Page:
As Ariel Palitz leaves her role, she reflects on what she discovered about the city, and about herself.
When Ariel Palitz tells people she is New York City’s first nightlife mayor, they usually respond, “That’s cool.” And then: “What does that mean?”
Some imagine the role involves barhopping and staying out until dawn. But it is very much a day job, and Ms. Palitz acts as a liaison, a peacekeeper, an educator and more.
The Office of Nightlife was created by Mayor Bill de Blasio to ease the strained relations between bar and club owners and the city. After all, it was illegal to dance in a bar in New York City not that long ago. Ms. Palitz, a former bar owner herself, helped usher in new thinking when she arrived in 2018. Her team created programs and initiatives to support business development and promote safety and harm reduction, and mediated conflicts between businesses and residents.
Ms. Palitz recently announced that she would leave the job, from which she had a unique perch to watch as the city was besieged by the coronavirus pandemic, and as it came chugging back to life.
In a pink velvet booth at a hotel bar seven stories above the Lower East Side of Manhattan, Ms. Palitz, a native New Yorker, recently described what she discovered about the city — and about herself.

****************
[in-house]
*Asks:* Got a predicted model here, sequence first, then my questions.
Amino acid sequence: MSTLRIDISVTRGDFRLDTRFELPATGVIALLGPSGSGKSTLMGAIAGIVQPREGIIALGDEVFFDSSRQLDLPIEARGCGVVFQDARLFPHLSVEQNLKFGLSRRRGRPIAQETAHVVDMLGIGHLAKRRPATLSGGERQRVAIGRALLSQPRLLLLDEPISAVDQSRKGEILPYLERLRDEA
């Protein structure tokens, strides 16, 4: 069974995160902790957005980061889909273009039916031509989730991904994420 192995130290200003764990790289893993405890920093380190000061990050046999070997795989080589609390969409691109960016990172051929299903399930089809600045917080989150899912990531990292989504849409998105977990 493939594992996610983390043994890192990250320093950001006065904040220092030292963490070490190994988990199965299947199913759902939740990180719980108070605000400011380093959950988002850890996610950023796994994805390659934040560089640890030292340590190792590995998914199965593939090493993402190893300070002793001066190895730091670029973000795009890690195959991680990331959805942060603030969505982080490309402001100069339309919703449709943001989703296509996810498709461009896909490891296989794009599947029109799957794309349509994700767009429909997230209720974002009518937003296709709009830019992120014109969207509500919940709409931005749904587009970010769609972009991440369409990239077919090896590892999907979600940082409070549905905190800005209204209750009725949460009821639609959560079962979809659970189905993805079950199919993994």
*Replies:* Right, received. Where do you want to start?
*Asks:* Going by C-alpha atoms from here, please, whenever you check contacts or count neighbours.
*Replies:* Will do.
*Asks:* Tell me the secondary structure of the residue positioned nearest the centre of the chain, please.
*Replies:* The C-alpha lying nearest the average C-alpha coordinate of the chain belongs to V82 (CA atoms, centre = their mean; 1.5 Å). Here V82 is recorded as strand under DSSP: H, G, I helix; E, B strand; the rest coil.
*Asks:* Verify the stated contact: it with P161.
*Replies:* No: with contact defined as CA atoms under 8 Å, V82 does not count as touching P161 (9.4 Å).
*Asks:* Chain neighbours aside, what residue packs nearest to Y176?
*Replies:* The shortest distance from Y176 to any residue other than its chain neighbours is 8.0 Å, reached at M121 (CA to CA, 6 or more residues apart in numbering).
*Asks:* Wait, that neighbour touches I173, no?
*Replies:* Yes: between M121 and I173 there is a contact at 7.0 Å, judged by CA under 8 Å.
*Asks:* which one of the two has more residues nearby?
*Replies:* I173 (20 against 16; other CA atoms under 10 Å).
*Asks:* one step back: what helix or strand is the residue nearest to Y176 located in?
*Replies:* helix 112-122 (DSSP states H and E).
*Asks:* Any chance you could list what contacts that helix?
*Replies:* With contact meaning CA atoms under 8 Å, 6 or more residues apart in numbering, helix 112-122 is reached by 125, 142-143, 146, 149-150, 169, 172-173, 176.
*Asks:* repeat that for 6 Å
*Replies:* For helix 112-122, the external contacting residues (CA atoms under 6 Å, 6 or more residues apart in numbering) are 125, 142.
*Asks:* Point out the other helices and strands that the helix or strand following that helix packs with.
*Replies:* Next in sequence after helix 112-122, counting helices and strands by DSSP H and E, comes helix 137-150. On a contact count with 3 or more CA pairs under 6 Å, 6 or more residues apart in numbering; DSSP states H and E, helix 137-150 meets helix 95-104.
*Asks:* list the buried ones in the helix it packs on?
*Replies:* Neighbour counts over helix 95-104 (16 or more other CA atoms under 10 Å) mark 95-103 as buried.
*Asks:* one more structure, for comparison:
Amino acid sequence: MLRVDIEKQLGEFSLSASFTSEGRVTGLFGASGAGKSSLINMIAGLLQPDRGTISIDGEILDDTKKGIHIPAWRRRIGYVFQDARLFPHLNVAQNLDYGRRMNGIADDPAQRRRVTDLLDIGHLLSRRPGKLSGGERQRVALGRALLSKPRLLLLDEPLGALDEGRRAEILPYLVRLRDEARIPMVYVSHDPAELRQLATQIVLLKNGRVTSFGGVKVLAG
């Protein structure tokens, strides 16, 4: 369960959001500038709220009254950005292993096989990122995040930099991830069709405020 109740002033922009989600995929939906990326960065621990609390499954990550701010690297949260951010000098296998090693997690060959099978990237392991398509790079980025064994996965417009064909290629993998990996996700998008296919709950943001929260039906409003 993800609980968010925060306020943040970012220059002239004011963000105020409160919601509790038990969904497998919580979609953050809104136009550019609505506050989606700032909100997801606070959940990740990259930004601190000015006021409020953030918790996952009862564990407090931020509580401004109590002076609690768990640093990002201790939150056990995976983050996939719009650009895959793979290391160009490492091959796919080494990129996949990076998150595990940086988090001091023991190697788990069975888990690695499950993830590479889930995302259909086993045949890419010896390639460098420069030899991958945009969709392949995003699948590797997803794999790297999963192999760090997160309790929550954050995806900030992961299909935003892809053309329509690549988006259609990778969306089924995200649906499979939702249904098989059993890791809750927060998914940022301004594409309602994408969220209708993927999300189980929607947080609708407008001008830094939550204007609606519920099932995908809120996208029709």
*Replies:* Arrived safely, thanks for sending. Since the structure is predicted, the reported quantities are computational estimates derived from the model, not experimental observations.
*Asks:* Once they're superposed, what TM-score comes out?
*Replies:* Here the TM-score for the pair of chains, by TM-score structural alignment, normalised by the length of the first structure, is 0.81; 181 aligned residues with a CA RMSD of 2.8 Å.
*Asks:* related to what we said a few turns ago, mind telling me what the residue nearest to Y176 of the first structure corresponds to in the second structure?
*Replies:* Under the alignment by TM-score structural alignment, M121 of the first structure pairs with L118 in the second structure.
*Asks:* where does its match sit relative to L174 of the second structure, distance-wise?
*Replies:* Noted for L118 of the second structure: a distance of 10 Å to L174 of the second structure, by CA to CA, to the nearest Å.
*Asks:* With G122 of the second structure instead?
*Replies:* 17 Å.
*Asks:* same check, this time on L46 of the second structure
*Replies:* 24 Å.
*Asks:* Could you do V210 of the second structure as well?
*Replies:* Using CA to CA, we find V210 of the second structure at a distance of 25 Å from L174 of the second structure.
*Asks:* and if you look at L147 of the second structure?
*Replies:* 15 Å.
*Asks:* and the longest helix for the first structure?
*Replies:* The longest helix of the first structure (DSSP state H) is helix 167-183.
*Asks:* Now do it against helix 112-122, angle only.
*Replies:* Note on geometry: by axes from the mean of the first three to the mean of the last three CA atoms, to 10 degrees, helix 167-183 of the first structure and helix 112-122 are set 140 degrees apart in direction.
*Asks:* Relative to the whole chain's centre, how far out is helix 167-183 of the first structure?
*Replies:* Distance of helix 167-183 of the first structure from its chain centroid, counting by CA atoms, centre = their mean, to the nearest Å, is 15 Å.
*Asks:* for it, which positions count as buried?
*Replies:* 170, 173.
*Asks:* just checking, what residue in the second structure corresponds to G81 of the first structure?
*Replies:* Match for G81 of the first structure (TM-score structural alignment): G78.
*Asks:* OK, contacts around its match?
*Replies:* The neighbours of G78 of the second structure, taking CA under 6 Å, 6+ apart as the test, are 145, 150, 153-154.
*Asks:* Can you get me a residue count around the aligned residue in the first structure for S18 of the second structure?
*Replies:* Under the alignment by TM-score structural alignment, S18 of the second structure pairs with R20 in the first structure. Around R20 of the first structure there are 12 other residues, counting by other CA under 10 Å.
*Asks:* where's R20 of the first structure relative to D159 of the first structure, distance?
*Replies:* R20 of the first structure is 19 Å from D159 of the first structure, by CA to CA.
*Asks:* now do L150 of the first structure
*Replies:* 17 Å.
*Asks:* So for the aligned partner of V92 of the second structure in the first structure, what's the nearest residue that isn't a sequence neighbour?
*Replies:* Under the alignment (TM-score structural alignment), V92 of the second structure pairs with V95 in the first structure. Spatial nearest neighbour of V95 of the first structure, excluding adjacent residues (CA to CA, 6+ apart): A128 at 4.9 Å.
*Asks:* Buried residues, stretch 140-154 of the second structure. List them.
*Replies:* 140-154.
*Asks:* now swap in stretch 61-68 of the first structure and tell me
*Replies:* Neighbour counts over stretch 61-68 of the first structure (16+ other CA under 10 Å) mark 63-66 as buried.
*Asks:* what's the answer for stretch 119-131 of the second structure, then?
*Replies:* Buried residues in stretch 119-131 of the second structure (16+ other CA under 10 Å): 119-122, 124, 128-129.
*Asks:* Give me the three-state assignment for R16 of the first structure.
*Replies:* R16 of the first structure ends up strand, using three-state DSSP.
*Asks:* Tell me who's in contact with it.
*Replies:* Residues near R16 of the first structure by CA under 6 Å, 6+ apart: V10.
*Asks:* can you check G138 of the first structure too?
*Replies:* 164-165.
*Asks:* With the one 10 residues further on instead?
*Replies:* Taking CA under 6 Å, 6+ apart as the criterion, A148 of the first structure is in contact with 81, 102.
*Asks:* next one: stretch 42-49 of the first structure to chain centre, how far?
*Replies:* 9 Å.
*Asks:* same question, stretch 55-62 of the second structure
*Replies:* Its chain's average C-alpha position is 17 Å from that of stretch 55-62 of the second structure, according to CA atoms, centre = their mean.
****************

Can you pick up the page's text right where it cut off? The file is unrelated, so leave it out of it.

Nightlife is more than just drinking and dancing.
Ms. Palitz, who meditates often and wears a bracelet adorned with the Lion of Judah, has developed a philosophical-verging-on-evangelical ideology regarding nightlife: To her, it fosters creativity, cultivates identity and strengthens social ties.
Yes, New York City nightlife is a $35.1 billion industry that supports 300,000 jobs and creates $700 million a year in local tax revenue. But, she emphasized, it’s not just an economic engine.
“It’s deeper than that,” she said, pointing to the community-building and cultural innovation involved, from jazz clubs to hip-hop dance parties and beyond.
“That’s the beauty of New York — there will always be a place for you, and you can always find your people,” she said. A love of nightlife is not just about going out. “It’s about a love of life,” she said.
Her office created handbooks and checklists to help businesses navigate new rules during the pandemic and advocated for new policies to streamline the process for opening a bar or a nightclub. It started the Narcan Behind Every Bar campaign to promote awareness of the opioid overdose crisis. And she tried to reorient the way the city looks at those who come alive at night.